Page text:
Oct. 20, 1997 BOULDER--Since mid-September, researchers at the National Center for Atmospheric Research (NCAR) in Boulder, Colorado, have been turning commercial aircraft into in-flight "sensing platforms" to measure and report turbulence.
With funding from the Federal Aviation Administration (FAA), NCAR scientist Larry Cornman and his colleagues have created software that works with an aircraft's existing equipment to measure and report in-situ (in-flight) turbulence once every minute. United Airlines expects to deploy the software on more than 200 aircraft over the next six months. The data will be used to create turbulence forecasts to help pilots steer clear of bumpy air. NCAR's primary sponsor is the National Science Foundation.
Until now, the only data on turbulence--the sudden, invisible gusts that buffet a plane and its passengers--came from pilot reports of bouncy or choppy air. "If we'd tried to come up with a new sensor to load onto the aircraft, it would have been too costly," explains Cornman. Part of that cost comes from testing new equipment to ensure that it does not affect flight operations. "So we looked for a way to use sensors, computers, and communications systems that were already on board, without interfering with their normal functions." Instead of measuring turbulence directly, the researchers use the aircraft's response to turbulence to deduce its magnitude.
"We're solving an inverse problem," says Cornman. "If I measure what the aircraft's doing, I can infer what the turbulence must have been." The result is an in-situ turbulence algorithm, or mathematical problem-solving procedure, that uses measurements of how much the aircraft is bouncing up and down while accounting for its weight, air speed, altitude, and whether the plane is on autopilot or not.
The algorithm is incorporated into software installed by Allied Signal, Inc., within Allied's onboard flight management system and aircraft condition monitoring system. The data are then transmitted to an FAA/National Weather Service (NWS) data base.
On average, a significant turbulence incident happens every other day on a commercial flight somewhere in the United States. The result can be everything from spilled food trays to broken bones for flight attendants and passengers not buckled into their seats. In 1991, severe turbulence tore the engine off a 747 cargo plane departing the Anchorage airport. While a cause for the crash of United Flight 535 on final approach to Colorado Springs airport in 1991 has never been determined, turbulent winds and a rudder problem are thought to be the most likely explanations.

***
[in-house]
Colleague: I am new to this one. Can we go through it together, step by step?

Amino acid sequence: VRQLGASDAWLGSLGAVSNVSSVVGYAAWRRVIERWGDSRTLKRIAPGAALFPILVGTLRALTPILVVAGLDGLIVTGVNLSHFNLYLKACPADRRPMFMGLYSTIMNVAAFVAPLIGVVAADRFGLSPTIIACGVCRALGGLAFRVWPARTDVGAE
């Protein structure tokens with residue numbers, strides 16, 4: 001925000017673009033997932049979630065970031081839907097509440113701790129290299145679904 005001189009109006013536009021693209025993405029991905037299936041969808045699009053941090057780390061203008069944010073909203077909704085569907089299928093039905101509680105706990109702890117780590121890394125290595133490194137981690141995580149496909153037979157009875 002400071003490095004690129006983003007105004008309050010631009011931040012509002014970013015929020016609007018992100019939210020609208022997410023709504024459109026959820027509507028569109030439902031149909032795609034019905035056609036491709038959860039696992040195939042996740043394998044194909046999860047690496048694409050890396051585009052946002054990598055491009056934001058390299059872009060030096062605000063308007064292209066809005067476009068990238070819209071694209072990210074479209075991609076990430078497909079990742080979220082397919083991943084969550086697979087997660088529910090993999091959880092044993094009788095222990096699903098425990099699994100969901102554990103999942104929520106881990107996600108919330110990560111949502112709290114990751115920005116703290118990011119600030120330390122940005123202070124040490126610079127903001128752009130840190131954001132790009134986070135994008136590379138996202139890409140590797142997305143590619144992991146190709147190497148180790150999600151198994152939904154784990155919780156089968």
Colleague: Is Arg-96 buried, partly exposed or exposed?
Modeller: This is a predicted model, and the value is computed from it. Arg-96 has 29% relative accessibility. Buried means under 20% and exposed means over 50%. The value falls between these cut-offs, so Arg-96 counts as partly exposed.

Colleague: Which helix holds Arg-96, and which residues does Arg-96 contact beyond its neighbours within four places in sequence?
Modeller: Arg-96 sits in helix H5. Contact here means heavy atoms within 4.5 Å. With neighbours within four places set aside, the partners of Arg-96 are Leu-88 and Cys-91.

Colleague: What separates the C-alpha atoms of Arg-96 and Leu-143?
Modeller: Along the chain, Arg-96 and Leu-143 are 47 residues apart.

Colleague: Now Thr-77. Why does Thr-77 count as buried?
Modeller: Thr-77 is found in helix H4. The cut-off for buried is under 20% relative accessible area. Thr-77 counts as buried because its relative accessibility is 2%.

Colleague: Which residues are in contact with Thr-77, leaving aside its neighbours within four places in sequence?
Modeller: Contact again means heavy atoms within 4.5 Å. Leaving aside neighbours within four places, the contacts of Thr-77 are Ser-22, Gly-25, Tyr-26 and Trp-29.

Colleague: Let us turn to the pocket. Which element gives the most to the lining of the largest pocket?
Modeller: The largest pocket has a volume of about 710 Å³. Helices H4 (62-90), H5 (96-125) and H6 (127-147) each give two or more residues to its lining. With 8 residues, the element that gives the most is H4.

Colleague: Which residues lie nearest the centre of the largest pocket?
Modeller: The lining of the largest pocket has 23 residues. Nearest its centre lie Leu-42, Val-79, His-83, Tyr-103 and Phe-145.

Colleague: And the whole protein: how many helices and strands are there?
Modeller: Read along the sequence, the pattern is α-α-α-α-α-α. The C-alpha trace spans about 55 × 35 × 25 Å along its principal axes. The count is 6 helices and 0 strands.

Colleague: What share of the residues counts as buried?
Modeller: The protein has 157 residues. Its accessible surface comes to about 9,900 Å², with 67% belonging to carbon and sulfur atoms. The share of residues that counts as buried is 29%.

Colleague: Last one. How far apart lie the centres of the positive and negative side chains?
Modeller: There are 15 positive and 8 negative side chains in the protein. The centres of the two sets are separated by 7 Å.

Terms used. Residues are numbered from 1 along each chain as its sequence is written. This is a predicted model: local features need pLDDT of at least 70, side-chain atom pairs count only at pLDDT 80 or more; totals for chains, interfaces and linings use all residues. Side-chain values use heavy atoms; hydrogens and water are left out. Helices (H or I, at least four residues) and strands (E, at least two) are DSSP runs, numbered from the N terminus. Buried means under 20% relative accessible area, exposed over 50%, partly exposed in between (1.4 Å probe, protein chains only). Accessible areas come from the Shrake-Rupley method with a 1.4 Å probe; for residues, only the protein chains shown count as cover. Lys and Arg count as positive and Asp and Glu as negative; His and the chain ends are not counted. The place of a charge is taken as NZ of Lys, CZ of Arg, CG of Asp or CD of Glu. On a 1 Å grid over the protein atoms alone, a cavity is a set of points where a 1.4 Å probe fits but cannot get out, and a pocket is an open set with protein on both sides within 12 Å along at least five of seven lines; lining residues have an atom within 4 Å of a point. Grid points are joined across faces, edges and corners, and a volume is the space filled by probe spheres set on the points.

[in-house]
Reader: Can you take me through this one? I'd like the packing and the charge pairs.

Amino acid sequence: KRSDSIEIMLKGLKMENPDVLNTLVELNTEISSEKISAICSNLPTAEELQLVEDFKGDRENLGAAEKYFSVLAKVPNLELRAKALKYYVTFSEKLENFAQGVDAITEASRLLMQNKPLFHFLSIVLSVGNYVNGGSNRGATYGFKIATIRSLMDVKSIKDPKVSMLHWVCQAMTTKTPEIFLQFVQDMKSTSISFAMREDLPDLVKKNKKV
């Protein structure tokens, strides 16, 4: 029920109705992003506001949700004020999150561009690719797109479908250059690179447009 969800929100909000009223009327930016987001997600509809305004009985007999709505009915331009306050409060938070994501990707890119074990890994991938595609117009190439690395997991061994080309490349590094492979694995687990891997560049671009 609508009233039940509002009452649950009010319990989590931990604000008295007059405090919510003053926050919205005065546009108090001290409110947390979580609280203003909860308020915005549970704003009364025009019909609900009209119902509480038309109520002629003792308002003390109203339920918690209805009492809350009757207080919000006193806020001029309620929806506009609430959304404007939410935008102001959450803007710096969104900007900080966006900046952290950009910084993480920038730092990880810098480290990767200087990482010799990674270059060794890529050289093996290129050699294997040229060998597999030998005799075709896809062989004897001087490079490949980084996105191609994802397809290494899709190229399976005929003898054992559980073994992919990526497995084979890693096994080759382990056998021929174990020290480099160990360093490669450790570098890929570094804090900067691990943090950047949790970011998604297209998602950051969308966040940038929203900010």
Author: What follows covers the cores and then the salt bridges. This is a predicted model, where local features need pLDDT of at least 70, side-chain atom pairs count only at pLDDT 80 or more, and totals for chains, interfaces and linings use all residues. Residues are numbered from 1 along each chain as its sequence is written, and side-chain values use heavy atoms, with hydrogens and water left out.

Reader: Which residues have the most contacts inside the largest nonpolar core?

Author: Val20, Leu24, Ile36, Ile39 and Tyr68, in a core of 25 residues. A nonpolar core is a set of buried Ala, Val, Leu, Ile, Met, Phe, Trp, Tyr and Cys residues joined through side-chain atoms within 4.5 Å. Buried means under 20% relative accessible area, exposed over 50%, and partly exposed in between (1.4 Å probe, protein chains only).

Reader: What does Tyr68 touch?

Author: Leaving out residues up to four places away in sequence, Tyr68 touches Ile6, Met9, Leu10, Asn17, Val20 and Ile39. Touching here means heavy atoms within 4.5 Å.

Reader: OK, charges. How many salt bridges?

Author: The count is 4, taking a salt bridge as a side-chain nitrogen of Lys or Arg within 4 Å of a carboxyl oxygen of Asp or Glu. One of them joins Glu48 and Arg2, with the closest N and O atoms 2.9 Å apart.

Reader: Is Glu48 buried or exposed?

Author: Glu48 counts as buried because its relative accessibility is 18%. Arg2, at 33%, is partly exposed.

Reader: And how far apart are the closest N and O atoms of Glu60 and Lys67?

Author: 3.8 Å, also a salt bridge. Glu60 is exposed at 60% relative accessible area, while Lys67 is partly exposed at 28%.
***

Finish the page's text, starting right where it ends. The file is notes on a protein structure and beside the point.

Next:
Cornman and other scientists will use the data compiled on the FAA/NWS data base to create a turbulence detection product--a view of flight tracks showing what all of the aircraft in a given region have measured in a 30-minute period. That flight track information will be provided to United Airlines (and to other airlines as they become participants in the future), as well as to the NWS Aviation Weather Center in Kansas City, Missouri.
As more aircraft report more data, Cornman expects forecasting products to improve to the point that "nowcasting," or turbulence warnings in real time, will be possible. "Having such a comprehensive and accurate data base will really boost our development of new forecasting tools," Cornman explains.
The International Civil Aviation Organization (ICAO) will compare results from the U.S. in-situ turbulence detection program to ongoing research at the Australian Bureau of Meteorology. ICAO's goal is an international standard for turbulence measuring and reporting.
NCAR is managed by the University Corporation for Atmospheric Research.
Writer: Zhenya Gallon
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